Organizations should develop and implement graduated sanctions so that the punishment fits the incident. Sanction policies should allow management some limited flexibility. For example, sanctions to physicians and other licensed caregivers with specialized skills may negatively affect patient care and business operations if these individuals are removed from their job as a result of a violation.
In conjunction with sanction policies, organizations must develop and implement strong policies and procedures to address the processing of breaches, compliant with federal and state laws and regulations, in the event any security audit findings indicate a breach has occurred.
Protecting and Retaining Audit Logs
HIPAA requires that covered entities maintain proof that they have been conducting audits for six years. Such documents may include policies, procedures, and past audit reports. State statutes of limitations relative to discoverability and an organization's records management policies may require that this information be kept longer.
Organizations must review pertinent regulatory requirements, including applicable federal and state laws, in determining the appropriate retention period for security audit logs. Security and privacy officials should collaborate to establish the most effective schedule for the organization.
The Payment Card Industry Data Security Standard requires organizations "retain audit trail history for at least one year, with a minimum of three months' online availability."
Prevention through Education
The new mantra in healthcare should be, "Just because you can, doesn't mean you should." Education is a preventive measure that must be executed and re-executed to ensure optimal outcomes in the success of a security audit strategy. Organizations should:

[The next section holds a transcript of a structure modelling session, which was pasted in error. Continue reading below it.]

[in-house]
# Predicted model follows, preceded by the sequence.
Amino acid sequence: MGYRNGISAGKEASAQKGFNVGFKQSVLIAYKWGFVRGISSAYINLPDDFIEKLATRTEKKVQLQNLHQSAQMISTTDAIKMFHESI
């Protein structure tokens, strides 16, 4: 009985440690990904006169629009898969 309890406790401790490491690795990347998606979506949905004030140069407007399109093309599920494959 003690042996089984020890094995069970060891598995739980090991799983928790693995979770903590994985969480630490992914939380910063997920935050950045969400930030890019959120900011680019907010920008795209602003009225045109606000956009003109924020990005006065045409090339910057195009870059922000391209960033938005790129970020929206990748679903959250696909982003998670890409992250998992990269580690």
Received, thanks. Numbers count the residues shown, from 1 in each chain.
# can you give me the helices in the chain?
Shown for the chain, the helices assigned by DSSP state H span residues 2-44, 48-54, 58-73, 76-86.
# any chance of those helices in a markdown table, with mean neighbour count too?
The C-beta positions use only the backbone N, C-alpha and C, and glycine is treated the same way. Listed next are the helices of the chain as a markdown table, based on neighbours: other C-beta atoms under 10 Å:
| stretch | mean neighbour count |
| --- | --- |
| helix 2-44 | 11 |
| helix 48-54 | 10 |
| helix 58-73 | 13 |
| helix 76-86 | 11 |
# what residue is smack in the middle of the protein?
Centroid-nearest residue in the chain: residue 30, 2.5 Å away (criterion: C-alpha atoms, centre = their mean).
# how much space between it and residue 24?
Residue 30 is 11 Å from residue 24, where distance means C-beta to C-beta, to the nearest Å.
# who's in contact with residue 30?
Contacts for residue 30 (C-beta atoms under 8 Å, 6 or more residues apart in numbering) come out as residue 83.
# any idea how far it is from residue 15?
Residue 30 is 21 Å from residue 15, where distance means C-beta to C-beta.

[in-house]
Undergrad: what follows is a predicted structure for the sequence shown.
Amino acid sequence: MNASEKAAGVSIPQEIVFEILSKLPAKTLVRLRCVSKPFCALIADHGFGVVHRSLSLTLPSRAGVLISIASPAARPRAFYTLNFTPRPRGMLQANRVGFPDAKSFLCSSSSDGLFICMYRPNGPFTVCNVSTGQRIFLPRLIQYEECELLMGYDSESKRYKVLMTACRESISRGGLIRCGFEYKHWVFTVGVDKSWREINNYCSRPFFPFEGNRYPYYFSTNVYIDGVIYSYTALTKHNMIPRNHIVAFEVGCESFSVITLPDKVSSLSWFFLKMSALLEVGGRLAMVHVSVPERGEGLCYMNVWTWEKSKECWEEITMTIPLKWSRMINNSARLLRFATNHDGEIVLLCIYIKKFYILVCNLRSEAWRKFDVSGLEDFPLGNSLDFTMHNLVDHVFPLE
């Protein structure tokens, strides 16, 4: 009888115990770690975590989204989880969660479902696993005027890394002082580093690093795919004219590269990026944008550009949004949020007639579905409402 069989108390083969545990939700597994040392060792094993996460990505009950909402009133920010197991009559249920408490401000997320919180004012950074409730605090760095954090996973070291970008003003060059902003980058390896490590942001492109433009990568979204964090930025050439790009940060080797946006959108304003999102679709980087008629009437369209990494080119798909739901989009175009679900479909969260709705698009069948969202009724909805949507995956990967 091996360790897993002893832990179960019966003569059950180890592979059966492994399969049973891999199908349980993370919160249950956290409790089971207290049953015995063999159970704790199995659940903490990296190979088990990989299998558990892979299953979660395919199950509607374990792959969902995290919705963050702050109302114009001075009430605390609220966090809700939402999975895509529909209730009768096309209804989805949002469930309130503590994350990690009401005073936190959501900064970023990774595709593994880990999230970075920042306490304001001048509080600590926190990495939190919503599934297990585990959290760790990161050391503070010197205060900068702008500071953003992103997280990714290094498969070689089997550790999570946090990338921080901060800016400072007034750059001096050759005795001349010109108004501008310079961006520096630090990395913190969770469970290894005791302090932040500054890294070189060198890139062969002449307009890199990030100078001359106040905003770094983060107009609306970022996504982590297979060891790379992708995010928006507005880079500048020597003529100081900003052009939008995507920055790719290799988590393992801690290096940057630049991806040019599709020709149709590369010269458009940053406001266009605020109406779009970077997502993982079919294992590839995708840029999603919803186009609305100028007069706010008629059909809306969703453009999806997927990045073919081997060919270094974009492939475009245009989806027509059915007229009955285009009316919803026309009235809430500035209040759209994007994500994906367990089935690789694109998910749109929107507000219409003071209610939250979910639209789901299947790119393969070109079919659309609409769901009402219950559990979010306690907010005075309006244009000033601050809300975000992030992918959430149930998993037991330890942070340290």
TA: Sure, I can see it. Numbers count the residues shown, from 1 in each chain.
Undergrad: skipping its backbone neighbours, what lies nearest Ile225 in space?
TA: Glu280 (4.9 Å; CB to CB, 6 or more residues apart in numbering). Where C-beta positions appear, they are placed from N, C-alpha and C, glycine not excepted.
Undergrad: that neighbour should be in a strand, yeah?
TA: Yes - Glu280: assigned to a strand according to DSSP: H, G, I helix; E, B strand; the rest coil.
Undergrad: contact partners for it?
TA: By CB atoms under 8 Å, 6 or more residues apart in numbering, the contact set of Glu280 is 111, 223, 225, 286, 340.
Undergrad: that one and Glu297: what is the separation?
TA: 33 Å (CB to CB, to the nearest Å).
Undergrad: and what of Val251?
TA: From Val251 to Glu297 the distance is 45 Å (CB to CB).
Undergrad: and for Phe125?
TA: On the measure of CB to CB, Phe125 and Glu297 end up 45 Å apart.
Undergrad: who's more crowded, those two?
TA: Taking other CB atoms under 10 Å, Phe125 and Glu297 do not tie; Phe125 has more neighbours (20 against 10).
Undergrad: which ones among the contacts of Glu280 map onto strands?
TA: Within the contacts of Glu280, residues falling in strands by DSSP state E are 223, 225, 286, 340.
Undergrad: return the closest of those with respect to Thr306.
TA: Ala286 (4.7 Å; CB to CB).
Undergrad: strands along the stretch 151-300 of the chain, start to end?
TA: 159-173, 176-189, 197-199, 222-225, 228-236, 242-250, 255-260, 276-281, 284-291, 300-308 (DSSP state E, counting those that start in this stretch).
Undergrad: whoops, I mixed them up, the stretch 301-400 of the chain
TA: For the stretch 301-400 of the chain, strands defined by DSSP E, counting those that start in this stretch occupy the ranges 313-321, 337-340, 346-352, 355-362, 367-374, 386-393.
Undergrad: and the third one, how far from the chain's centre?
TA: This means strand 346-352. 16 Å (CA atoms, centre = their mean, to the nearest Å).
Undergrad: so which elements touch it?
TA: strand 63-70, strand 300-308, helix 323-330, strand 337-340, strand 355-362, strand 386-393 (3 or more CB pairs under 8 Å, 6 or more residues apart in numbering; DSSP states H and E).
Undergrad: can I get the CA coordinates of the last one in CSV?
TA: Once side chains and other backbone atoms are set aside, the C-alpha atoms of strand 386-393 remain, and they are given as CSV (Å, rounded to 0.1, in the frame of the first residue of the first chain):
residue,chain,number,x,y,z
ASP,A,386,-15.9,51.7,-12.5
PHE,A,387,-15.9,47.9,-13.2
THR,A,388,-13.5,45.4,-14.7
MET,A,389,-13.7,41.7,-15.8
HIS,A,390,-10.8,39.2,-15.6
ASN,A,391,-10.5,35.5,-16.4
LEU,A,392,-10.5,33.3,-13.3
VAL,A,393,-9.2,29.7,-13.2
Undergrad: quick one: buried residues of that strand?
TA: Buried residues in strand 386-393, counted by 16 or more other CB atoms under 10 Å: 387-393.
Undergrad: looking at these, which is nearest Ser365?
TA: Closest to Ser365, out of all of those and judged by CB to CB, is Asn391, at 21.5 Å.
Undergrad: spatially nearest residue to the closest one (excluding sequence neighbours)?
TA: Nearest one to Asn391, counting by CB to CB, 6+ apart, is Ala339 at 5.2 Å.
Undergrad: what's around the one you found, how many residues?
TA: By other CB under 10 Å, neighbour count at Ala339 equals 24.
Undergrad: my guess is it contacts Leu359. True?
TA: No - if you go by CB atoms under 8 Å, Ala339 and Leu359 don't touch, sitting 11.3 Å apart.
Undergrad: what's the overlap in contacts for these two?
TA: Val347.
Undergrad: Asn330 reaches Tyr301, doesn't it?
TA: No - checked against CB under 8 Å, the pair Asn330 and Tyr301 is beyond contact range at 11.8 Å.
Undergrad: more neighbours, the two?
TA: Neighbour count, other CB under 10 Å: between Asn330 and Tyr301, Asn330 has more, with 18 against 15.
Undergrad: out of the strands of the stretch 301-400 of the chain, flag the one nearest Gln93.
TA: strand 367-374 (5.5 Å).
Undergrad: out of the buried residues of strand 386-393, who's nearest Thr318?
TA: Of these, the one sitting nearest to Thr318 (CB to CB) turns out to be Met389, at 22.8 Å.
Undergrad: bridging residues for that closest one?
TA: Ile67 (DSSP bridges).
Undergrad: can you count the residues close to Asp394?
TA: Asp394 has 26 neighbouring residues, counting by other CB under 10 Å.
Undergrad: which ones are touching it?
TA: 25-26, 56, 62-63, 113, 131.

AHIMA. "Building an Effective Security Audit Program to Improve and Enforce Privacy Protections." Online course. Available online at http://www.ahimastore.org.
Department of Health and Human Services. "45 CFR Parts 160, 162, and 164 Health Insurance Reform: Security Standards; Final Rule." Federal Register 68, no. 34 (Feb. 20, 2003). Available online at http://www.hhs.gov/ocr/privacy/hipaa/administrative/securityrule/securityrulepdf.pdf.
Tom Walsh, CISSP
William Miaoulis, CISA, CISM
2010 Privacy and Security Practice Council:
Prepared by (Original)
Beth Hjort, RHIA, CHP
The information contained in this practice brief reflects the consensus opinion of the professionals who developed it. It has not been validated through scientific research.
Indicates an AHIMA best practice. Best practices are available in the AHIMA Compendium, http://compendium.ahima.org.